Verify that #f(x)# is differentiable at #x = 0#? #f(x) = x((e^(1//x) - 1)/(e^(1//x) + 1))#

Answer 1
The function is NOT differentiable at #x = 0#... When you say verify, you would mean that we already ASSUME the truth, not that we are checking whether it is true or not.

graph{x((e^(1/x) - 1)/(e^(1/x) + 1)) [-1.065, 1.0684, -0.533, 0.5335]}

There are in fact different slopes from either side of #x = 0#.
Well, you can multiply by #e^(-1//x)# on the top and bottom to get:
#f(x) = x((1 - e^(-1//x))/(1 + e^(-1//x)))#
Then, plugging in #x = 0# is one of two tests to show that the function is differentiable: it must, for one, be continuous at #x = 0#.
#f(0) = 0 * ((1 - e^(-1//0))/(1 + e^(-1//0)))#
#= 0 * 1 = 0#
Since we have successfully found a determinate form and evaluated it, this function is continuous at #x = 0#.
Now, we could very well have a function that has a corner or cusp at #x = 0#. To check that, we could see if the slope in the NEIGHBORHOOD of #x = 0# is large, or nonsmall, just in case the function is wacky at #x = 0#.

The derivative is:

#f'(x) = x cdot (((1 + e^(-1//x)) cdot e^(-1//x) cdot 1/x^2 - (1 - e^(-1//x))cdot(-e^(-1//x) cdot 1/x^2))/(1 + e^(-1//x))^2) + (1 - e^(-1//x))/(1 + e^(-1//x))#
Simplify by factoring out #e^(-1//x) cdot 1/x^2# and cancelling out the #x# that is outside of the first grouped terms with the #1/x^2#.
#= (-2e^(-1//x))/(x(1 + e^(-1//x))^2) + (1 - e^(-1//x))/(1 + e^(-1//x))#
Multiply the second fraction by #(x(1 + e^(-1//x)))/(x(1 + e^(-1//x)))#.
#= (-2e^(-1//x) + x(1 - e^(-2//x)))/(x(1 + e^(-1//x))^2)#
Let's choose #[-0.1, 0.1]# as our "neighborhood". Then, we get:
#f'(-0.1) = (-2e^(-1//-0.1) + -0.1(1 - e^(-2//-0.1)))/(-0.1(1 + e^(-1//-0.1))^2) ~~ -1#
#f'(0.1) = (-2e^(-1//0.1) + 0.1(1 - e^(-2//0.1)))/(0.1(1 + e^(-1//0.1))^2) ~~ +1#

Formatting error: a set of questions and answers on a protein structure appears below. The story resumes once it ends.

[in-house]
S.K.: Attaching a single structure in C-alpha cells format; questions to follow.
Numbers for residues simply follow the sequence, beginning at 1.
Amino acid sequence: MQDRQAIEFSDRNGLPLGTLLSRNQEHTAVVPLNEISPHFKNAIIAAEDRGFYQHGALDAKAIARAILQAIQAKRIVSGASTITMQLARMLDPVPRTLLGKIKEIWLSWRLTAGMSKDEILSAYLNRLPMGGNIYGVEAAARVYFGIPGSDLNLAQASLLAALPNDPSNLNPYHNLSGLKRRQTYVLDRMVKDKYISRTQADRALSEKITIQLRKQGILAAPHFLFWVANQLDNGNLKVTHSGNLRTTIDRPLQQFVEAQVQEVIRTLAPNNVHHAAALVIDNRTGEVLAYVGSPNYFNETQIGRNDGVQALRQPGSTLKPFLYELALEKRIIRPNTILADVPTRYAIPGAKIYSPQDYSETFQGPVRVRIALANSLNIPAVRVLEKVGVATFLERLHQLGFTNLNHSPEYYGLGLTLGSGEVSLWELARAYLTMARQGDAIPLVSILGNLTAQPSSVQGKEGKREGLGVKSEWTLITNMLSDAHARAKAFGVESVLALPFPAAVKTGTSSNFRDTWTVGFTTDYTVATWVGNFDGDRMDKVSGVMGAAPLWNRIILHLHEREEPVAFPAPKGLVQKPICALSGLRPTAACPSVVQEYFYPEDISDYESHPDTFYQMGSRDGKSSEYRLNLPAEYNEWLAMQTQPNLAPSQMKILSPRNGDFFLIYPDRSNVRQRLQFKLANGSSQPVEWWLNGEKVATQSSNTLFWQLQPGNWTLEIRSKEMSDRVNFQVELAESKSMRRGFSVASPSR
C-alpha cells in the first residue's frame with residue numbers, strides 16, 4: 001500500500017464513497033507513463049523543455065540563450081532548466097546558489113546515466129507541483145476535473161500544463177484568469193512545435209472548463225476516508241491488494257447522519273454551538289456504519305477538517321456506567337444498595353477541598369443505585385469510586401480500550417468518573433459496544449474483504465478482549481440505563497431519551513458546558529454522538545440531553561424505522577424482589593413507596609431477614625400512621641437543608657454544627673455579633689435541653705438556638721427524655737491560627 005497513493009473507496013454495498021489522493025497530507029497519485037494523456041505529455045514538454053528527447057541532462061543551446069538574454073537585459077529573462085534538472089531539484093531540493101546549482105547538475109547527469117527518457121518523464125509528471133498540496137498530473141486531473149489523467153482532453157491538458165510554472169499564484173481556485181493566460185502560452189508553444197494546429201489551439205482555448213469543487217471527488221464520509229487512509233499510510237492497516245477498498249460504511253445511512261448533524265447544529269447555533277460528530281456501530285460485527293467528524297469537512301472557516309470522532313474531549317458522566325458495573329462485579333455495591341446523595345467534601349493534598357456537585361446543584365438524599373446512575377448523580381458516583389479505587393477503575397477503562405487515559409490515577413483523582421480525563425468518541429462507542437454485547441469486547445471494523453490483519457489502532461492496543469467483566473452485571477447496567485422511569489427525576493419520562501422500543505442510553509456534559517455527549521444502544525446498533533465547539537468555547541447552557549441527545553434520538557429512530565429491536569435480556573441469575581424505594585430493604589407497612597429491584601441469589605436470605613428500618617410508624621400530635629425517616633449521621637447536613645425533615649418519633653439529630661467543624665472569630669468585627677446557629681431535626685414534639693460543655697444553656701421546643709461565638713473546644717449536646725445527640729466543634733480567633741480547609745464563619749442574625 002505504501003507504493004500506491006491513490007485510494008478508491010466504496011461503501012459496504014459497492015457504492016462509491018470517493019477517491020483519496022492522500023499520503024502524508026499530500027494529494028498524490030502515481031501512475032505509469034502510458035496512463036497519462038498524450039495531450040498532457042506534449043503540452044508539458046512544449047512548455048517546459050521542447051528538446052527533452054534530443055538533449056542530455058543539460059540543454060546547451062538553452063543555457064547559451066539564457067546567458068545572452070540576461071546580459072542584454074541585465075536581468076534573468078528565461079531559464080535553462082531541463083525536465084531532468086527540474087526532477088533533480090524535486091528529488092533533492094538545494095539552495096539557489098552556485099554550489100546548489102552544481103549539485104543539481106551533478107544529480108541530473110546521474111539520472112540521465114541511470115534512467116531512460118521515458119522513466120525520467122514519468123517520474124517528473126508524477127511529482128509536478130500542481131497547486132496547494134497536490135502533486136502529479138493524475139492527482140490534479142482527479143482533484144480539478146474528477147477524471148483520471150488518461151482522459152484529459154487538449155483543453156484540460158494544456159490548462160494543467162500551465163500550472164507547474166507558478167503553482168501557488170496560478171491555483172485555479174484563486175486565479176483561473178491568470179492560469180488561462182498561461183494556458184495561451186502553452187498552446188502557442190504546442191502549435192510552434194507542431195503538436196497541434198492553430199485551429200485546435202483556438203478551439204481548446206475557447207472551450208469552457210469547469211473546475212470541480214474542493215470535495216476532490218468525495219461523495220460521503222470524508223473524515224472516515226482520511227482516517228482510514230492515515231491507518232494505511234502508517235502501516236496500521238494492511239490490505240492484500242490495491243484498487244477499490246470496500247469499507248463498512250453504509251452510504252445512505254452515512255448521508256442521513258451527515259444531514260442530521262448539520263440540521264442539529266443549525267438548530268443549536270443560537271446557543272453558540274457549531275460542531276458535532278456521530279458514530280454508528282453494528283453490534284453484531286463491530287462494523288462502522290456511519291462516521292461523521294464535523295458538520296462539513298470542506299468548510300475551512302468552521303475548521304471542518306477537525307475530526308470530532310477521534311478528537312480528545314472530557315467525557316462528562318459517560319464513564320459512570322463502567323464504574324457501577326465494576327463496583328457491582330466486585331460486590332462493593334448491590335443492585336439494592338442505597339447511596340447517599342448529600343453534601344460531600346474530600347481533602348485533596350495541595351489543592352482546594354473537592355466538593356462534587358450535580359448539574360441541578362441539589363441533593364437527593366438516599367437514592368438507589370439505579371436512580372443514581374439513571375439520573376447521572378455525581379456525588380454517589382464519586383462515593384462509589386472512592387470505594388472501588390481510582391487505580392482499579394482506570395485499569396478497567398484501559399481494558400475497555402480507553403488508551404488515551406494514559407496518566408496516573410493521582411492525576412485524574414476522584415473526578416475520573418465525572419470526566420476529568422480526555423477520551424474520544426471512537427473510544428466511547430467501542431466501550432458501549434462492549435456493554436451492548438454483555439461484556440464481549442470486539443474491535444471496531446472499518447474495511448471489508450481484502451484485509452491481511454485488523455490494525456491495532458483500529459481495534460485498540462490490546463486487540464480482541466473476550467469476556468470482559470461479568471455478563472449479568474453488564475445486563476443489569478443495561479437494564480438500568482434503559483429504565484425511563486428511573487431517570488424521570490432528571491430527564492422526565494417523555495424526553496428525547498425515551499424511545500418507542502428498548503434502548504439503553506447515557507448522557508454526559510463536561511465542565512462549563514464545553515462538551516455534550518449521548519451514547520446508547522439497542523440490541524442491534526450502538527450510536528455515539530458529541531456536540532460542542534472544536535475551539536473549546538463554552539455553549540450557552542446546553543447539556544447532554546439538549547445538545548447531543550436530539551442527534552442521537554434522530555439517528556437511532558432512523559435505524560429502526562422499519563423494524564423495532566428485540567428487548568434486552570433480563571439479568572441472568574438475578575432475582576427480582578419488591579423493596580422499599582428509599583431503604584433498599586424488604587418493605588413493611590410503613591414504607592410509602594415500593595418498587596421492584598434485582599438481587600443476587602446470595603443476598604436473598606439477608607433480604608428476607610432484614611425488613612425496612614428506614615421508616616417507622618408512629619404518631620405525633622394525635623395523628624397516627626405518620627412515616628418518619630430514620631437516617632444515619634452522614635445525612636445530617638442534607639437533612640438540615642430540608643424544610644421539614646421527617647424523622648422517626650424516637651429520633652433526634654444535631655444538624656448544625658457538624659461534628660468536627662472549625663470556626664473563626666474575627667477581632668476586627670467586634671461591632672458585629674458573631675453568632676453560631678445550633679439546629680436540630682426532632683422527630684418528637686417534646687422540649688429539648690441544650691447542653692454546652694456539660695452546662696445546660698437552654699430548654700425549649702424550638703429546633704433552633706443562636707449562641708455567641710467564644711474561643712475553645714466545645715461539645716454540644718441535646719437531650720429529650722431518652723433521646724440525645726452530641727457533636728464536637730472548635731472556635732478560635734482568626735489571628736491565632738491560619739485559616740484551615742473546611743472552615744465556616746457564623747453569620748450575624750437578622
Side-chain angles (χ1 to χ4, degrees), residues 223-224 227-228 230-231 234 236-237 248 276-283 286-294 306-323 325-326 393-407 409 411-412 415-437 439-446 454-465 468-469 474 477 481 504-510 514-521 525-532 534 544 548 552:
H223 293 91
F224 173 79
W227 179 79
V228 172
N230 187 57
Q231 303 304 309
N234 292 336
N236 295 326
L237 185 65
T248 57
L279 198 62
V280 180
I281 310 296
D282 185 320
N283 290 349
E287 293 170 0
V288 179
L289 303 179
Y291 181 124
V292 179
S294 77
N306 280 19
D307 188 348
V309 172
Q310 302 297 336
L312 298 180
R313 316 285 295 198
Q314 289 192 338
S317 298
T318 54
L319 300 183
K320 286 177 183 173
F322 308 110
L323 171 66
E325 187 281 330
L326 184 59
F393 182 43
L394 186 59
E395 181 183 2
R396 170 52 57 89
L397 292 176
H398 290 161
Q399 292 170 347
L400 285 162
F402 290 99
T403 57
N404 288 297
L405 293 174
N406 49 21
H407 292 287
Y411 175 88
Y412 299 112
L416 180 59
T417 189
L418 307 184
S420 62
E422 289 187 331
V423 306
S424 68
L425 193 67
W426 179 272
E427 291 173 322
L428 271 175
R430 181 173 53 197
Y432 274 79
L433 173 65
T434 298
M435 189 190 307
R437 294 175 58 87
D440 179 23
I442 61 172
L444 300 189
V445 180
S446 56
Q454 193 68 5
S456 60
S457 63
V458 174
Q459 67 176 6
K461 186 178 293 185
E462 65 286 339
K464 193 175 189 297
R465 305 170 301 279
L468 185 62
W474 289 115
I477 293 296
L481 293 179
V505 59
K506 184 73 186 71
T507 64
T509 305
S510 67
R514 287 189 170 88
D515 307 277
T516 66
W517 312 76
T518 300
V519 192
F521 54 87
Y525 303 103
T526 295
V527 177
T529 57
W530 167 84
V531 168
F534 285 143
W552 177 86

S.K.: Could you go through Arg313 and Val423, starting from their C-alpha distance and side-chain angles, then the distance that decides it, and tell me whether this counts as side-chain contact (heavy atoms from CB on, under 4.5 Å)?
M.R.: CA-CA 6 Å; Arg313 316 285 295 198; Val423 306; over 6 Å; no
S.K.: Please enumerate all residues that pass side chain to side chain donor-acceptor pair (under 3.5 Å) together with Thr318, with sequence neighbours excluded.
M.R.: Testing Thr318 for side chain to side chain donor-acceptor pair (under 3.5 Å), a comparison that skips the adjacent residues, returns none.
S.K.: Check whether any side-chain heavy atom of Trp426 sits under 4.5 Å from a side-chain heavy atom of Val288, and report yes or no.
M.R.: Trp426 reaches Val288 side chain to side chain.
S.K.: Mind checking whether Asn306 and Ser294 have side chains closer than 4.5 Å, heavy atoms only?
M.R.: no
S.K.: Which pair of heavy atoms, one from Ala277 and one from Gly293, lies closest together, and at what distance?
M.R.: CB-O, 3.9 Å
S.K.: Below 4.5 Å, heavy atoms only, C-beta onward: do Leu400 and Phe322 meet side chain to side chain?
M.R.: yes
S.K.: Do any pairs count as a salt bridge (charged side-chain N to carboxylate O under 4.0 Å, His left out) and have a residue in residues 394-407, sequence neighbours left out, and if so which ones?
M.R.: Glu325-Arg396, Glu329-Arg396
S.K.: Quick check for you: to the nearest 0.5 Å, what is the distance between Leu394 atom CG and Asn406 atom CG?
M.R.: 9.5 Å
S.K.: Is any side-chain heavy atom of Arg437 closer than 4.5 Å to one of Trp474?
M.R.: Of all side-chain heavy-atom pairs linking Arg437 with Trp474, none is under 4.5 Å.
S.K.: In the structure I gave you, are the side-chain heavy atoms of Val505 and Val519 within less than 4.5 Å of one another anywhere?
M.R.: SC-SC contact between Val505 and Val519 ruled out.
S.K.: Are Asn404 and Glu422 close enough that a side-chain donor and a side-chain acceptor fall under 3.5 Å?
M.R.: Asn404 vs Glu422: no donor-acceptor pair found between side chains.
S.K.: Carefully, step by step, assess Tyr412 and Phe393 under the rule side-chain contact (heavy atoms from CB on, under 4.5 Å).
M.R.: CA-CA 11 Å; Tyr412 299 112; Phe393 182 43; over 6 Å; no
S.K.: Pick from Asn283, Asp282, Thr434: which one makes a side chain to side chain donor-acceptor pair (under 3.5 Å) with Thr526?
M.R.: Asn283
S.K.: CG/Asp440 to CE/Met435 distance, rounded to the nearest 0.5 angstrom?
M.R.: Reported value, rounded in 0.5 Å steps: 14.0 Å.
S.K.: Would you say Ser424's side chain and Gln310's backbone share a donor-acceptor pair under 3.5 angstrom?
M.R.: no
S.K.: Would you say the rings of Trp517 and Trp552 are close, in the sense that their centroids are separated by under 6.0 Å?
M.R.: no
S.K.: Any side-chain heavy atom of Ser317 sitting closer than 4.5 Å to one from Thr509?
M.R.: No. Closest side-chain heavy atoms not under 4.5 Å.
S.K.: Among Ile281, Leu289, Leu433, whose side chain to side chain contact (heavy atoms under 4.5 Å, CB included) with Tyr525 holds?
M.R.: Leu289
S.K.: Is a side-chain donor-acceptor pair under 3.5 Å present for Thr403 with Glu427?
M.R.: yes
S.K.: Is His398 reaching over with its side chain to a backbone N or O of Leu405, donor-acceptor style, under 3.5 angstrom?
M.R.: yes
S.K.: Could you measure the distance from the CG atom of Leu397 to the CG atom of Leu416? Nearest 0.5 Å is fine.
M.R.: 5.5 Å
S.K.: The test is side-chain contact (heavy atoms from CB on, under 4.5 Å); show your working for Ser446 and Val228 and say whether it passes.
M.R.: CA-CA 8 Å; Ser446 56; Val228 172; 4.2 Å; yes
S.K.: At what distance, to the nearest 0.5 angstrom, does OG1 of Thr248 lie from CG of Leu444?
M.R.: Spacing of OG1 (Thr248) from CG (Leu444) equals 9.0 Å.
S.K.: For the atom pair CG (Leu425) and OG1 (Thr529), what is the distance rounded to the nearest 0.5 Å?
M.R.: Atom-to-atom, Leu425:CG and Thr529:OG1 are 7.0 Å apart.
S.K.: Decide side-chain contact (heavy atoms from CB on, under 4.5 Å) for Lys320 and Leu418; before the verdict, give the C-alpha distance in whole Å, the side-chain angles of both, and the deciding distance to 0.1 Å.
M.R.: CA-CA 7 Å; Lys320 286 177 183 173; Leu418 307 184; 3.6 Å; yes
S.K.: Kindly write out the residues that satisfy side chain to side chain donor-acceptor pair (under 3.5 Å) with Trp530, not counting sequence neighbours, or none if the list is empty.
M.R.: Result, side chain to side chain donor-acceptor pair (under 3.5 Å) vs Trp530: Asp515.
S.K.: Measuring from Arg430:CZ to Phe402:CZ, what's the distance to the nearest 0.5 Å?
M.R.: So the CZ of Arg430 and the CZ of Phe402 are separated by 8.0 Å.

Since the slopes very near #x = 0# are equal in magnitude and opposite in sign, but not close to zero, there is either a cusp or a corner at #x = 0#, or at least, the slope differs from either side.
Therefore, this function is NOT differentiable at #x = 0#.
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Answer 2

To verify that ( f(x) ) is differentiable at ( x = 0 ), we need to check if the derivative exists at that point.

Given ( f(x) = x\frac{e^{\frac{1}{x}} - 1}{e^{\frac{1}{x}} + 1} ):

  1. First, we check the continuity of ( f(x) ) at ( x = 0 ).
  2. Then, we find the derivative of ( f(x) ) with respect to ( x ).
  3. Finally, we evaluate the limit of the derivative as ( x ) approaches 0.

Let's proceed with the calculations:

  1. ( f(x) ) is a rational function, and both the numerator and denominator approach 0 as ( x ) approaches 0. Therefore, ( f(x) ) is continuous at ( x = 0 ).

  2. To find the derivative of ( f(x) ), we use the quotient rule: [ f'(x) = \frac{(e^{\frac{1}{x}} + 1)(1) - (e^{\frac{1}{x}} - 1)(1)}{(e^{\frac{1}{x}} + 1)^2} ] [ = \frac{2}{(e^{\frac{1}{x}} + 1)^2} ]

  3. To evaluate the limit of ( f'(x) ) as ( x ) approaches 0, we substitute ( x = 0 ) into ( f'(x) ): [ \lim_{x \to 0} f'(x) = \frac{2}{(e^{\frac{1}{0}} + 1)^2} = \frac{2}{(e^{\infty} + 1)^2} = \frac{2}{(\infty + 1)^2} = \frac{2}{\infty} = 0 ]

Since the limit of ( f'(x) ) as ( x ) approaches 0 exists and is finite, ( f(x) ) is differentiable at ( x = 0 ).

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Answer from HIX Tutor

When evaluating a one-sided limit, you need to be careful when a quantity is approaching zero since its sign is different depending on which way it is approaching zero from. Let us look at some examples.

When evaluating a one-sided limit, you need to be careful when a quantity is approaching zero since its sign is different depending on which way it is approaching zero from. Let us look at some examples.

When evaluating a one-sided limit, you need to be careful when a quantity is approaching zero since its sign is different depending on which way it is approaching zero from. Let us look at some examples.

When evaluating a one-sided limit, you need to be careful when a quantity is approaching zero since its sign is different depending on which way it is approaching zero from. Let us look at some examples.

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